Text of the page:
When the evangelist Mattityahu (Matthew) interpreted the prophet Ysha’yah (Isaiah) he referenced the Septuagint and saw the fulfillment of the prophecy in the virgin birth of Christ.

Ellicott wrote:

It is not so easy for us, as it seemed to St. Matthew, to trace in Isaiah’s words the meaning which he assigns to them.

Jesus would not be born for 700 years. How would His birth be a sign to Judah and King Ahaz in the imminent threat posed by their northern neighbors, Israel and Syria? Not to mention that before the child came of age — that is, was able to know right from wrong — the enemies of the southern kingdom would be laid waste.

When we turn to chapter 8 of Isaiah we read that the prophet has conjugal relations with his wife (the prophetess) who conceives and bears a son.

And the LORD speaks to the prophet that before the son is old enough to cry out ‘My father’ or ‘My mother’ Damascus would be taken away by Assyria.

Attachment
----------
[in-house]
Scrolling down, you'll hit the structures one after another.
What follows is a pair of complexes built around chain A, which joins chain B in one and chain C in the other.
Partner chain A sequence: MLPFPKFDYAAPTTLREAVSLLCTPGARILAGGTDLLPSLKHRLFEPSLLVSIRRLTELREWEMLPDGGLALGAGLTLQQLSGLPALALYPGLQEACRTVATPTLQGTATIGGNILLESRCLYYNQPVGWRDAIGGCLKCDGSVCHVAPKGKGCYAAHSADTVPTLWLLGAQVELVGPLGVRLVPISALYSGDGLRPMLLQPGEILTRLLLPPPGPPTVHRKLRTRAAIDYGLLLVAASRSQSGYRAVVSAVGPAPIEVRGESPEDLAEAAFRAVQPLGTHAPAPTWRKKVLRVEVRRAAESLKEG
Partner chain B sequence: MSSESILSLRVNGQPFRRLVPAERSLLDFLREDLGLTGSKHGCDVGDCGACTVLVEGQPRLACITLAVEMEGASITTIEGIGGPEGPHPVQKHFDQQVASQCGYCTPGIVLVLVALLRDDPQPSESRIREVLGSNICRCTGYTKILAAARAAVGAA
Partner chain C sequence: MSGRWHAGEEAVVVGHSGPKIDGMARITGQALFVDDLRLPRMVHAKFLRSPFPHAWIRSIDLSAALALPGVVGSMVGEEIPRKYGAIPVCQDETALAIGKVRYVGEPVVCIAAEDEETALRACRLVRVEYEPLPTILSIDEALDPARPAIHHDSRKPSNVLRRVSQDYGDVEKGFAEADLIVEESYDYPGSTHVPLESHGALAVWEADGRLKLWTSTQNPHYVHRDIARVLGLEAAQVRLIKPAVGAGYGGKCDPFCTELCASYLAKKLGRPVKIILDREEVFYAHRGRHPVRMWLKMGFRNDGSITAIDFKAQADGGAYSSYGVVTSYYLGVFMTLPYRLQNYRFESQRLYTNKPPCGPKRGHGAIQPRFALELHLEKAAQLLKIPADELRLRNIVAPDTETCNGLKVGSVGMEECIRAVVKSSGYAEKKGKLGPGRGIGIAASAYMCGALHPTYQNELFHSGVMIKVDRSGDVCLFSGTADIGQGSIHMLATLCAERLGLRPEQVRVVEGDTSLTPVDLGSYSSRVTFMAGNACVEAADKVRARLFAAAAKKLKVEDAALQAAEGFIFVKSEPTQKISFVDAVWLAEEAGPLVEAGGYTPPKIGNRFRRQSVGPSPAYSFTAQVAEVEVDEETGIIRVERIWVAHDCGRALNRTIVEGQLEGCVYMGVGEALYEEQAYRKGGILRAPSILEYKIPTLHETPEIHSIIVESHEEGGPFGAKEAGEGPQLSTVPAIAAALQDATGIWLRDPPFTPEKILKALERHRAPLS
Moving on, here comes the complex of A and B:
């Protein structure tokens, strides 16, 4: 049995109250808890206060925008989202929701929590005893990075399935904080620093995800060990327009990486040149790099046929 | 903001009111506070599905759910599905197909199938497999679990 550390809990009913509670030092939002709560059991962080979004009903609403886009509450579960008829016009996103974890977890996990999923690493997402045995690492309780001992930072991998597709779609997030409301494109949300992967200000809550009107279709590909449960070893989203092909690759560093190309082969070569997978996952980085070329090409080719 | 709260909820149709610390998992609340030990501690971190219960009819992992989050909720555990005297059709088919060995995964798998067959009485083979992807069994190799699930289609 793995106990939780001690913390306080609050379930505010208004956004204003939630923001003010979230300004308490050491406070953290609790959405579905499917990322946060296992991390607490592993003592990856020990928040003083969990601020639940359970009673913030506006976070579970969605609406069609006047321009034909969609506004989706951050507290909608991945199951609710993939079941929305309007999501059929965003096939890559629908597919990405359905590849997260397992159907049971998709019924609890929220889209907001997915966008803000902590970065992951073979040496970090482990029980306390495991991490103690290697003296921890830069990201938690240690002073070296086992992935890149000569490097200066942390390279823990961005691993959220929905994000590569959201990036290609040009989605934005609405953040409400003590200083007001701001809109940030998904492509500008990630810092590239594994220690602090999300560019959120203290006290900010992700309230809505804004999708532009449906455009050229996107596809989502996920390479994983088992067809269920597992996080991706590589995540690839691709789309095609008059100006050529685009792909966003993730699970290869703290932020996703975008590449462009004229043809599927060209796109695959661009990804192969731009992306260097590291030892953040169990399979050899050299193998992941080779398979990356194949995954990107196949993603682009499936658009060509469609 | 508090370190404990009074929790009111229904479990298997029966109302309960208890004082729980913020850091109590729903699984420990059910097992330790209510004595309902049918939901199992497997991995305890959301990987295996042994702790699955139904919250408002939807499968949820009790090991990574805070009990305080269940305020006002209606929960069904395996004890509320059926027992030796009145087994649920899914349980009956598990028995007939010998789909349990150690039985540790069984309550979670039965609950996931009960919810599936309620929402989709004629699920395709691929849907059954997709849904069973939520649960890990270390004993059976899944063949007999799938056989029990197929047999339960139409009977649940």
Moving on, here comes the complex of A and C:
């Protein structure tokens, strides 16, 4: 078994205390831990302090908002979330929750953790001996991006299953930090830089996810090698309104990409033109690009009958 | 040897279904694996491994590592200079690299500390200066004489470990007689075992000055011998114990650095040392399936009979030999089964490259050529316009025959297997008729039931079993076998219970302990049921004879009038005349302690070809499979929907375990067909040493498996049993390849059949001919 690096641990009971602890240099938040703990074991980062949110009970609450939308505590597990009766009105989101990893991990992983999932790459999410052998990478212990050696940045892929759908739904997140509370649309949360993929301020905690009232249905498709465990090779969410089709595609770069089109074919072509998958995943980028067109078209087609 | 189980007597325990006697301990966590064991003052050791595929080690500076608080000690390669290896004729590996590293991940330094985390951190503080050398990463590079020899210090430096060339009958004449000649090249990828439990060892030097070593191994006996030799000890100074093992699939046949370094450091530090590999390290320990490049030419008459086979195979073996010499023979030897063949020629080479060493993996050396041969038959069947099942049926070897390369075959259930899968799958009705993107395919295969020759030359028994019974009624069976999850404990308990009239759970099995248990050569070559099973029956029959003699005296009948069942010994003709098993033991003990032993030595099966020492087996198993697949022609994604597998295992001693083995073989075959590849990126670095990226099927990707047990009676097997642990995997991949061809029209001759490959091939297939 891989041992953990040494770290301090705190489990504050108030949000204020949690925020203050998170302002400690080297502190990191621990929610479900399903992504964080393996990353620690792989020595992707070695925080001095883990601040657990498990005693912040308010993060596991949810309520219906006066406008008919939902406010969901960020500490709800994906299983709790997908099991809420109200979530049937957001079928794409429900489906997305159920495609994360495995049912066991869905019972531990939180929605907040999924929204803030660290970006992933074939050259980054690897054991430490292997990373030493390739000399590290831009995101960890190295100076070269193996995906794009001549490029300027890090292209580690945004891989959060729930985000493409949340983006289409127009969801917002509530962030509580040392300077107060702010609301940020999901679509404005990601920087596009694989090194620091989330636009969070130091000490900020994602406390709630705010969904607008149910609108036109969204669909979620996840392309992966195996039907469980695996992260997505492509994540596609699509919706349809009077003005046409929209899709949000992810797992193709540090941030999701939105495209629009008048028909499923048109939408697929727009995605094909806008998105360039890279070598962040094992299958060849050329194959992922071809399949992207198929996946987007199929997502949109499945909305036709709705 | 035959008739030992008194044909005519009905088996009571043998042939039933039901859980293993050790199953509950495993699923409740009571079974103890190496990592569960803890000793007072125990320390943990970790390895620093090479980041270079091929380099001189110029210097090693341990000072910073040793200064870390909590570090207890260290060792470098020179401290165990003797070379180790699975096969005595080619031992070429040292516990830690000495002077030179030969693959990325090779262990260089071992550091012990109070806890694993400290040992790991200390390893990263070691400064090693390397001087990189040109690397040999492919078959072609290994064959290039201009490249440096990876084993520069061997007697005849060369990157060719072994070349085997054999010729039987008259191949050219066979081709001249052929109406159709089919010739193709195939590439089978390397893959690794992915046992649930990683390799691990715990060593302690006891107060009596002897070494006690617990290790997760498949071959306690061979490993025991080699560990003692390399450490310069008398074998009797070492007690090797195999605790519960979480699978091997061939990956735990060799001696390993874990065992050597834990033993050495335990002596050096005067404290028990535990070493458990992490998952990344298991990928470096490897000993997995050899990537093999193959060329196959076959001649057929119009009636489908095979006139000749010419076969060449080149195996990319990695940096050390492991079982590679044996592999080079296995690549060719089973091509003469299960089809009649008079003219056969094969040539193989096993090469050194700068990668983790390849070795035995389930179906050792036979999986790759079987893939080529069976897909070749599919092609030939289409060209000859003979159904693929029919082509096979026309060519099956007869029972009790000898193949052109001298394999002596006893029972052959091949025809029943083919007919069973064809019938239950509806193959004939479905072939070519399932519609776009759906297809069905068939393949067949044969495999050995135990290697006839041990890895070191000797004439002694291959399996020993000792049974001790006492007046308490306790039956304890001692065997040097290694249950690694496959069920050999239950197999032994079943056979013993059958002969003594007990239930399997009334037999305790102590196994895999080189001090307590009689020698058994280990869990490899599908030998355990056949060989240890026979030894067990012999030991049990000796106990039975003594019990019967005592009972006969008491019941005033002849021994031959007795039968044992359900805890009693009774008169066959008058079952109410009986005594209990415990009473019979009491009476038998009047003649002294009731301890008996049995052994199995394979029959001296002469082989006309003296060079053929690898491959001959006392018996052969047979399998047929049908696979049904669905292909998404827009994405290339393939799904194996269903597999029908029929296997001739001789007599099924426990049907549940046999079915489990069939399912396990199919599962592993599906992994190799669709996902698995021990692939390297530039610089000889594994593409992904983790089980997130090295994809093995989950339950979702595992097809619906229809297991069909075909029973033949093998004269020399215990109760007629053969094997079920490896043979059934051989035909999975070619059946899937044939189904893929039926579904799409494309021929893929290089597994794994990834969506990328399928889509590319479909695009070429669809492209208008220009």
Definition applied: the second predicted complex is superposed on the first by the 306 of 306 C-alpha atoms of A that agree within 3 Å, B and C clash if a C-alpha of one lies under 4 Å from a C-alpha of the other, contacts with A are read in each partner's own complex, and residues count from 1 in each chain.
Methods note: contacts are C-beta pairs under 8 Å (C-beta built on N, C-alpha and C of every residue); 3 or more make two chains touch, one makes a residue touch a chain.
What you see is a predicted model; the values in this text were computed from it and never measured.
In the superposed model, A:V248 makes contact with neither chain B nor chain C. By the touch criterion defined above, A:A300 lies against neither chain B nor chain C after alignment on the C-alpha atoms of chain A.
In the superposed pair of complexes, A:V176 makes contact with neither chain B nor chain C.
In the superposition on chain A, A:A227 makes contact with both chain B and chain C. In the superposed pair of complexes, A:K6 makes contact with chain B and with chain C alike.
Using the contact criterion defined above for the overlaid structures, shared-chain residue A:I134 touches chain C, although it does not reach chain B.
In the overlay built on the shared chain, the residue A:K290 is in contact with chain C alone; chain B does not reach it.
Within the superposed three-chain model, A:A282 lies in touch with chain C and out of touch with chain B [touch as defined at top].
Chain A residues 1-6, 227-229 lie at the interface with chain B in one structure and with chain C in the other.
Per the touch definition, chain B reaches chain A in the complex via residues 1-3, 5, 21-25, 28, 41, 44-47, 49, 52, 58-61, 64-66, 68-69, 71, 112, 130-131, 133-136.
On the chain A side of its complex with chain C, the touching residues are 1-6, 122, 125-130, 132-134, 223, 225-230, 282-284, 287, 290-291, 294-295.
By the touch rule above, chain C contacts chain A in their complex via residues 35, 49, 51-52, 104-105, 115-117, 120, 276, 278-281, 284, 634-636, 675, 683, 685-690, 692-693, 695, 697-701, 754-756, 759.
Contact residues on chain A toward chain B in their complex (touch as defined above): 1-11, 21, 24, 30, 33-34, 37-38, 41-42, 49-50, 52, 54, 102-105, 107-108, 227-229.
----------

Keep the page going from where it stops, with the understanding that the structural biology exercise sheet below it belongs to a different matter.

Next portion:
To summarize, YHWH assured Judah that Israel and Damascus would be laid waste within 65 years. When Ahaz refused a sign from the LORD, Jehovah gave a sign to the house of David — that a virgin would conceive and give birth to a son. Before he came of age the enemies of Judah would become a wasteland.

Isaiah’s wife then conceives, and gives birth to a son who — before he can speak — will be a sign of the Assyrian conquest of Judah’s enemies.

Assyria, with whom Judah was allied, conquered Syria (Damascus), and carried Israel into captivity.

Dilemma?

Calvin believed as some Rabbis that the birth of Isaiah’s son in chapter 8 was a fulfillment of the birth prophesied in chapter 7, but not in the sense of a double fulfillment. The prophetess was neither a virgin nor a maiden. It is Jewish tradition that Isaiah’s wife was the mother of his first-born son, Shear-jashub (whose mane means remnant returns). Thus, there would be nothing supernatural about the birth of a second son.